If your horse is developing a sour attitude, be sure you're introducing new exercises, mixing things up and giving him a purpose for doing the exercises. That's why I built the obstacle course at the ranch - it allows me to fine-tune the groundwork exercises without boring the horses to death. Now, just because the horse understands a particular exercise, it doesn't mean you won't ever come back to the exercise. You'll certainly still practice it, but maybe only twice a week, and you can keep it fresh by incorporating obstacles.
11. June 2013 00:05
On June 14th, Clinton is holding a party to celebrate the impending graduation of the 2013 Academy students and Brittany Huff as a Professional Clinician. Certified Clinicians Dale Cunningham, Mark Tarver, Chris Webb and Jaclyn Sansaver will also be recognized for the outstanding job they've been doing to help people around the world build better partnerships with their horses using the Method. The entire Downunder Horsemanship team and the clinicians' family and friends will gather in Stephenville for a catered dinner and festivities. The clinicians will be presented with diplomas and custom designed belt buckles that depict the Roo logo. You can learn more about Clinton Anderson Professional and Certified Clinicians and how you can receive one-on-one instruction from them on our website www.certifiedclinician.com.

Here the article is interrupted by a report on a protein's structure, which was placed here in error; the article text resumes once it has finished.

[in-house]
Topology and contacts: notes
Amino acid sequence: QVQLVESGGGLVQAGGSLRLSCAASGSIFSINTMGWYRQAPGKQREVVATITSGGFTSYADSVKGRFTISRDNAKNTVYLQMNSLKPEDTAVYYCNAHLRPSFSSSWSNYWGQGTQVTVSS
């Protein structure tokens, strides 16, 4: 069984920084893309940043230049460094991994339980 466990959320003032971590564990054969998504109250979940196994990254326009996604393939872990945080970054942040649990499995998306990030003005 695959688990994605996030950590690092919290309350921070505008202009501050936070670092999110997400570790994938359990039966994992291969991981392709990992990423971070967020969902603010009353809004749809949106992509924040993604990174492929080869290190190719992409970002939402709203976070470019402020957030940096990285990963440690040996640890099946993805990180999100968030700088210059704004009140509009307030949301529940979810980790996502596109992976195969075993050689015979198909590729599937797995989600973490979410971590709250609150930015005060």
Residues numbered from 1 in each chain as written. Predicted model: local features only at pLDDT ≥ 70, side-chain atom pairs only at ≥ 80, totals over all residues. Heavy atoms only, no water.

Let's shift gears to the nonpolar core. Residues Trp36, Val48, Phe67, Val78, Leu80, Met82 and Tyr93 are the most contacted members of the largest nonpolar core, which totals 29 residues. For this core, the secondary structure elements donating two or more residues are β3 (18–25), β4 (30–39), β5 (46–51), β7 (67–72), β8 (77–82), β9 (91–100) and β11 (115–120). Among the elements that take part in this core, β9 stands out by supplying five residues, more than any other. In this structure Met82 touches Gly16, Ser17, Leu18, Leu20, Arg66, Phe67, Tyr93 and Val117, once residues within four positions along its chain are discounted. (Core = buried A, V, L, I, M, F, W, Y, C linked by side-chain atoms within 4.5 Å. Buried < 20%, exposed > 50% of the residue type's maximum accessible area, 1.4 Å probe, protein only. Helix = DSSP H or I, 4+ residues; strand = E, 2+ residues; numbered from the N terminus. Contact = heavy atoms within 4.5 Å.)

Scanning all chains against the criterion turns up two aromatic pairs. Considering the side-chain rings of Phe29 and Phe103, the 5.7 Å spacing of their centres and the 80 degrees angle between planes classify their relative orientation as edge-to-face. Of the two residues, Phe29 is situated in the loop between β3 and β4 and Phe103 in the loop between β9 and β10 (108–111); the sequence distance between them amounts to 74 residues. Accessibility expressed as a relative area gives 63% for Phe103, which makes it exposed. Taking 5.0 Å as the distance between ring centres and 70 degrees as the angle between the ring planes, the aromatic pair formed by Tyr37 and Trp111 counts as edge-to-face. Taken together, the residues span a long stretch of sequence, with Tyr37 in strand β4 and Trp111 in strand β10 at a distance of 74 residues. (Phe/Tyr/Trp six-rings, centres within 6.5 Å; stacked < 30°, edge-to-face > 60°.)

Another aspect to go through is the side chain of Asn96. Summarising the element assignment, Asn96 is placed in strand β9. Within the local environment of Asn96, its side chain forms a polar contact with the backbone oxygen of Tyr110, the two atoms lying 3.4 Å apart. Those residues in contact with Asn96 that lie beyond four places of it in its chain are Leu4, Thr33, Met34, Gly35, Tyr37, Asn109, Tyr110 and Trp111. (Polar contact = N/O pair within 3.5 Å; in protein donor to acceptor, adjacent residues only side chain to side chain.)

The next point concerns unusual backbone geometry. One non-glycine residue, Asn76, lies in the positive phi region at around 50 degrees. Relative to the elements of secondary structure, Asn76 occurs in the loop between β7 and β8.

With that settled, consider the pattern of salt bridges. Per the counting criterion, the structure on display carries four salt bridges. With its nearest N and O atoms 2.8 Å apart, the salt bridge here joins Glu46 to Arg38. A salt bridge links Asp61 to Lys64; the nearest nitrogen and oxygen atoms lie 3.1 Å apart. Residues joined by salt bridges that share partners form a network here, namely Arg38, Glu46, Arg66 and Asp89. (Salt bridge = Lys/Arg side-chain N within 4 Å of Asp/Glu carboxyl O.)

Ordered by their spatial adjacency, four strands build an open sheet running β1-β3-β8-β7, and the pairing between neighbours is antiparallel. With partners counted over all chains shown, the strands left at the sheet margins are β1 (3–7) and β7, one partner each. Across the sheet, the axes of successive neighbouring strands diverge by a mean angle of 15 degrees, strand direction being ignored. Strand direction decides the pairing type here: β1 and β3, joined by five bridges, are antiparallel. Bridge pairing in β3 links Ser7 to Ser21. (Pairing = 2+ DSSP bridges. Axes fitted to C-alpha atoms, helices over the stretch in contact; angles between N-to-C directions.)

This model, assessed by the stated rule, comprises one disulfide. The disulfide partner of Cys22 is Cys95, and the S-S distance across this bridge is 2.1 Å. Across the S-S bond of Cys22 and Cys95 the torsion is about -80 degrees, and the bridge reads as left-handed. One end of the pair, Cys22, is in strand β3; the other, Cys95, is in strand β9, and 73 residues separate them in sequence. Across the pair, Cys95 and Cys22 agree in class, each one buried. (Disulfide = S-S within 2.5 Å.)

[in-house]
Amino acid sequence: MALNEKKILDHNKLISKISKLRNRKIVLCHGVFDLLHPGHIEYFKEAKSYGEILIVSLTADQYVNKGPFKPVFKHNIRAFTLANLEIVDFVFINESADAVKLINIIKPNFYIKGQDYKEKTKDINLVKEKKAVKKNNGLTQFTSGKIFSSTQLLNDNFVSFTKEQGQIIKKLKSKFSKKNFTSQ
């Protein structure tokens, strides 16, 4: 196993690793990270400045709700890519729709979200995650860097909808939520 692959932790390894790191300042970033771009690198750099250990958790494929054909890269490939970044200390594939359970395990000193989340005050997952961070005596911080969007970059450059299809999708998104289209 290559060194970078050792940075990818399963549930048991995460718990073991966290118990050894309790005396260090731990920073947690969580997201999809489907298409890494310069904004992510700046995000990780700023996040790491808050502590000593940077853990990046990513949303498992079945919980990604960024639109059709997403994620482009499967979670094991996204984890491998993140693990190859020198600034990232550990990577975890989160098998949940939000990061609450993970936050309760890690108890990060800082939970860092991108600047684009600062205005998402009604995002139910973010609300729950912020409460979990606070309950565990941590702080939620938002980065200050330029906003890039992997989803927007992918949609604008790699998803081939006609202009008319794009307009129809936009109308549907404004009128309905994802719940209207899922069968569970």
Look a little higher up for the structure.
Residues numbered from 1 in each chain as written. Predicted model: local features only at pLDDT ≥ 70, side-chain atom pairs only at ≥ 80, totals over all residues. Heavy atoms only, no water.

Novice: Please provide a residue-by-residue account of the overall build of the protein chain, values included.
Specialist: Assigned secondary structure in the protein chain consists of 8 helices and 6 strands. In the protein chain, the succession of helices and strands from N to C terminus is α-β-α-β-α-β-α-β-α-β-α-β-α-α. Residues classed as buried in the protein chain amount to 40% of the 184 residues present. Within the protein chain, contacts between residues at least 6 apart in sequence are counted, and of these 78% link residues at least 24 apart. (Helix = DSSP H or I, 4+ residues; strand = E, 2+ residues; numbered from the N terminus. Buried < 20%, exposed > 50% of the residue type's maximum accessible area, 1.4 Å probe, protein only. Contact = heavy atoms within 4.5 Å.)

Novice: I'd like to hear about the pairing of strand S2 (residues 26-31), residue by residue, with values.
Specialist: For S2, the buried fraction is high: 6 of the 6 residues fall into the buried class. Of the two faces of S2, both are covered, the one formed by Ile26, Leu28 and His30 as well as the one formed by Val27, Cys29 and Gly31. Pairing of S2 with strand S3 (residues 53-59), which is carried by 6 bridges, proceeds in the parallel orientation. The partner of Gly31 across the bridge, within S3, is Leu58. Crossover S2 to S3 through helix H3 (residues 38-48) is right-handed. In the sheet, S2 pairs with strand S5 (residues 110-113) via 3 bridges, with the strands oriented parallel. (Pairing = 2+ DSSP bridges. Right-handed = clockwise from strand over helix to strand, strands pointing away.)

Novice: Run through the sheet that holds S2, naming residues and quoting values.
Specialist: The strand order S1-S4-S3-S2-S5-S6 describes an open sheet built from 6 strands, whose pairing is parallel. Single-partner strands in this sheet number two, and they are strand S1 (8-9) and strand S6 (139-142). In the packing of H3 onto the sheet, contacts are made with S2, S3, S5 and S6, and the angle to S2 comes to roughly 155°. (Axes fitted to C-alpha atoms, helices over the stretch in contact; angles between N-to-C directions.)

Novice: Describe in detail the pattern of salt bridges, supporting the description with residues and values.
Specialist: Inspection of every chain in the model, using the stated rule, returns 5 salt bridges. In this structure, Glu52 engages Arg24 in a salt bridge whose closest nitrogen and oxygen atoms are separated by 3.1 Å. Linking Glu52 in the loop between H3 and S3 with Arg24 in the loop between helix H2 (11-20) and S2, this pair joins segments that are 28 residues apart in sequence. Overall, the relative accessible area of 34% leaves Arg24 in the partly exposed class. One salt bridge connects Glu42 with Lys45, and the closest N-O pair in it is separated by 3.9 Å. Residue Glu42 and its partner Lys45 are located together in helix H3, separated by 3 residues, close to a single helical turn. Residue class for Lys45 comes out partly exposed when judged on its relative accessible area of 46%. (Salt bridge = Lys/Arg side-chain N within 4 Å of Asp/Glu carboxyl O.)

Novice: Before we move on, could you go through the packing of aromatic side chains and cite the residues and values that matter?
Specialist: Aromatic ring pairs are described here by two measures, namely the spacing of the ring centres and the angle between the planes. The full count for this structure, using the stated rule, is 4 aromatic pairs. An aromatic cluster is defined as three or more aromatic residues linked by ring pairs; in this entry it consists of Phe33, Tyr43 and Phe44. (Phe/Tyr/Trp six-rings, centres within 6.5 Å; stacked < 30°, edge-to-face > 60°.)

11. June 2013 00:04
At the beginning of the month, Clinton welcomed a new class of Academy students to the ranch to begin their 14-week trial period. The students applied to the Academy and were accepted into the program after they took part in a Fundamentals clinic with Clinton. The students were selected to enroll in the Academy because of their outstanding horsemanship skills and potential to follow in Clinton's footsteps as clinicians sharing the Method. While Clinton puts emphasis on a potential clinician's horsemanship skills during the selection process, the majority of his decision to accept a potential student is put on their possession of Downunder Horsemanship's four core values - loyal, hard-working, ambitious and personable. The Academy is a 70-week program that requires students to work with a variety of horses (from colts to problem horses), study the Method in depth and be tested over their acquired knowledge. All throughout the program, the clinicians in training are instructed and mentored by Clinton and Professional Clinician Shana Terry. The students took part in the Colt Starting clinic that concludes this week and will begin training horses for the Academy Horse Program towards the end of the month. Learn more about what's expected of an Academy student and the program on the Clinton Anderson Clinician Academy website.
11. June 2013 00:03
If you live in the United States, we're going to pick up your shipping tab on any purchase (excluding saddles and Behlen products) from now through July 1st. It's our treat to you for being loyal followers and supporters of the Method! Visit the Downunder Horsemanship online store to check out all of our training tools and equipment that are proven to help you build a safer, more enjoyable partnership with your horse.
11. June 2013 00:02
MyHorse Daily editor Amy Herdy is embarking on one of the most exciting and trying experiences of horse ownership - raising a foal. The first-time foal mom has armed herself with Clinton's Foal Training Series and is chronicling her journey of expecting and then bringing up baby in her blog. The first installment, titled "Foal Watch, or Why Camping in the Horse Trailer is No Treat," had us giggling at Downunder Horsemanship because we could relate to Amy's anticipation, concerns and antics. If you've ever raised a foal or have it on your bucket list to do so, you'll appreciate Amy's insight and humor. We know we'll be eagerly looking forward to the next installment!